Tiny Trea­sures

Asian Diver (English) - - The Best of Voo -

Ear­lier that same day, I’d spent at least 10 min­utes star­ing at a hand-sized patch of al­gae-fuzzed coral af­ter Ke­tut had ca­su­ally pointed into the cen­tre of it. With my face close enough to the coral to al­low the pre­scrip­tion gauge-reader lenses in my mask to do their job, I fi­nally de­tected the mil­li­met­ric move­ment of a per­fectly cam­ou­flaged ju­ve­nile triplefin. Twenty min­utes later, Ke­tut taps his tank with his reef pointer. Hold­ing up his mag­ni­fy­ing glass, with eyes glued to the reef, he beck­ons me with his free hand. Hid­den amongst the reef lies a tiny spin­dle cowrie that could barely be distin­guished against the coral it was cling­ing onto. Even Ke­tut’s laser-sharp eyes needed the aid of a mag­ni­fy­ing glass to see this one. All this be­cause I’d sug­gested that we might go and look for su­per-macro sub­jects; you have to be care­ful what you wish for!

Ke­tut and the other mem­bers of the dive guide team at Waka­tobi Resort lis­ten in­tently to their clients’ photographic as­pi­ra­tions and work hard to help ful­fill them. Over the course of nearly 400 dives at Waka­tobi, I have worked with Ke­tut, Shoko, Jono, Yusef, Kaz, Muji, Yo­eri, Nikki, Sylvia, An­drea, Mali, and Marco Fierli, who is also Waka­tobi Resort’s photo pro and a tal­ented shooter in his own right. Aside from forg­ing sin­cere re­la­tion­ships with their clients, they all have a wealth of lo­cal knowl­edge and adopt a sys­tem­atic ap­proach to find­ing sub­jects, ei­ther from their clients’ wish lists, or op­por­tunis­ti­cally, based on their own searches and ob­ser­va­tions.

Learn­ing to work with a skilled dive guide is an of­ten-over­looked tech­nique for suc­cess in un­der­wa­ter imag­ing. They are a team of pro­fes­sion­als, and are meant to be de­ployed as such. Pro­vid­ing them with a wish list of sub­ject mat­ter is just the first step. They’ll cer­tainly go off and work hard to fill that list, but they bring a lot more than that to the table. Once we’re ac­tively div­ing, I shame­lessly plumb the depths of their lo­cal knowl­edge. They’re log­ging hun­dreds of dives a year in the area, so they are al­ways go­ing to know far more about any of the dive sites and the marine life on it than I ever will. They will al­ways find more crea­tures than I will, but what they teach me helps me discover and in­ter­pret some of my own.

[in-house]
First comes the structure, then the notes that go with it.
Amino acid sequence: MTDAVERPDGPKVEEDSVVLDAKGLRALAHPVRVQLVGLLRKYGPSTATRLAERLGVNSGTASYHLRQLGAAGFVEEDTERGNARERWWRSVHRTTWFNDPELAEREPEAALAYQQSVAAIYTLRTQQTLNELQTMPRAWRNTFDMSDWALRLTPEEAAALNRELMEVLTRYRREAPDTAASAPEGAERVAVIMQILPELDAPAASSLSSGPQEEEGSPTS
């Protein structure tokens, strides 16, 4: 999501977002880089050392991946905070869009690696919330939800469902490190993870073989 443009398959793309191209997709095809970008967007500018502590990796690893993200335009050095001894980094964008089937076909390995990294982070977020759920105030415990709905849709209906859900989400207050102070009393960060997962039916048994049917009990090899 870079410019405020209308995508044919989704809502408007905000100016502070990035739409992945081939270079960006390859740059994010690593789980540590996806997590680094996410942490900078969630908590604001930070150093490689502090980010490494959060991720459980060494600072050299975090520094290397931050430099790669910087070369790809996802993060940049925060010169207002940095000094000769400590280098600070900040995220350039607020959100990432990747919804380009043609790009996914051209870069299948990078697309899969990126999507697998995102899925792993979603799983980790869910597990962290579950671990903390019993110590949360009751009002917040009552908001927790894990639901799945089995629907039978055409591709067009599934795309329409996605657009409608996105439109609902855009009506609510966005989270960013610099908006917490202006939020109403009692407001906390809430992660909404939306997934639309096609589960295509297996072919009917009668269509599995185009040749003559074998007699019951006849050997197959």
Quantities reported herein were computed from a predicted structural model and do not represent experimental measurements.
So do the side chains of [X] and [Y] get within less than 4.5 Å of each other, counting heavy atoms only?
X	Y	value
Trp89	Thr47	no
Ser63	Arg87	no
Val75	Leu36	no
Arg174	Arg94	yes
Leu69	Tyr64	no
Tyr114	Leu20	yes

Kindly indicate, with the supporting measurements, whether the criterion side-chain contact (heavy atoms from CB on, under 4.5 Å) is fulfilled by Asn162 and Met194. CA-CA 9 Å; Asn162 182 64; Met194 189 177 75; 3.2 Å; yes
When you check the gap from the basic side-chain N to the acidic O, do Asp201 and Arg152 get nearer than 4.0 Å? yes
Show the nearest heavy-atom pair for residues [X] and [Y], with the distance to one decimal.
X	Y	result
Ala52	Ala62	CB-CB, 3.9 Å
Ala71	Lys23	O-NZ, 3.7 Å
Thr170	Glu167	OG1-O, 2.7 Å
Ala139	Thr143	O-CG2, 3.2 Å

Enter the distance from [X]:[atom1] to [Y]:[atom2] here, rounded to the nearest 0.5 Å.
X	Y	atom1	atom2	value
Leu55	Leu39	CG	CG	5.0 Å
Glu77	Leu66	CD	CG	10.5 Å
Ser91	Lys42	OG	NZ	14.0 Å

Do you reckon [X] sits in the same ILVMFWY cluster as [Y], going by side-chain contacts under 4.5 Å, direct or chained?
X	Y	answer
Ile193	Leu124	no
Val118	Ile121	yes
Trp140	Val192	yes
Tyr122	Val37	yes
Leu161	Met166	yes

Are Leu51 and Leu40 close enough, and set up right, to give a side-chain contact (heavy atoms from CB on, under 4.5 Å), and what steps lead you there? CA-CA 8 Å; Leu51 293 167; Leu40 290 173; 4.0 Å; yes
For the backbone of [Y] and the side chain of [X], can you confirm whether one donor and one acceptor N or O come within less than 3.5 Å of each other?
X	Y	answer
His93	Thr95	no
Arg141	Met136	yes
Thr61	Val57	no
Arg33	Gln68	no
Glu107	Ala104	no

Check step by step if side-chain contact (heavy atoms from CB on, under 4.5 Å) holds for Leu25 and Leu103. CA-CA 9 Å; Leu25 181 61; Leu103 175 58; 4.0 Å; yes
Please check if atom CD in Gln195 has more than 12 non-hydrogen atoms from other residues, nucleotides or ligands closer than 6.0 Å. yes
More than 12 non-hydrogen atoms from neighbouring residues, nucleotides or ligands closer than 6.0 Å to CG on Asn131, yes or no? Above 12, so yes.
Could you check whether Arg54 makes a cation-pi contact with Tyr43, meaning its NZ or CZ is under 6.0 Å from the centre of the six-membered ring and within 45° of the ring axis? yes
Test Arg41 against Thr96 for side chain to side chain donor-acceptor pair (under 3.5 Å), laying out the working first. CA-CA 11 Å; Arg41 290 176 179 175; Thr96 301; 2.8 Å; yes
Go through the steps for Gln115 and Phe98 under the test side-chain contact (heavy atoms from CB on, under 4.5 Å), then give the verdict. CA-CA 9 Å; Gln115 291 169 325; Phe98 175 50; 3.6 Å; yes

I’m equally un­in­hib­ited in shar­ing with them my photographic fail­ures and suc­cesses from each dive. Help­ing them un­der­stand what

I’m try­ing to achieve, show­ing them what seems to have worked, and what clearly did not, helps them develop strate­gies for our fu­ture dives. Bounc­ing ideas around with them also fre­quently gen­er­ates wel­come sug­ges­tions and hints for im­prove­ments in my own tech­nique. Sub­se­quent dives then be­come part-work­shop as we test and re­fine those ideas.

One of the joys of un­der­wa­ter pho­tog­ra­phy is that, while there are many tried and proven tech­niques that will con­sis­tently de­liver pre­dictable re­sults, there is also lim­it­less room for adap­ta­tion. It’s not only the shots we miss that keep us go­ing back into the wa­ter, it’s the end­less pos­si­bil­i­ties that life on the reef puts in front of us. Spend­ing time with the dive guides at Waka­tobi Resort – even when they stretch my ag­ing eyes to the limit – is one of the most en­joy­able ways of ex­plor­ing the end­less pos­si­bil­i­ties on Waka­tobi’s reefs.

IM­AGE: Wade Hughes

BELOW: About 10 min­utes af­ter Ke­tut had pointed it out,I fi­nally de­tected the mil­li­met­ric move­ment of this per­fectly cam­ou­flaged ju­ve­nile triplefin

IM­AGE: Waka­tobi Resort

ABOVE: A tiny spin­dle cowrie taken at Waka­tobi, In­done­sia

WADE AND ROBYN HUGHES be­lieve that the im­pact­ful images they and other un­der­wa­ter pho­tog­ra­phers cre­ate can play an im­por­tant role in shap­ing the per­cep­tions of the gen­eral public to the im­por­tance of pro­tect­ing our marine en­vi­ron­ments. The Hughes’ make their pho­tographs freely avail­able to in­di­vid­u­als and or­gan­i­sa­tions in­volved in ed­u­ca­tion, re­search, and not-for-profit pro­mo­tion of sus­tain­able con­ser­va­tion.

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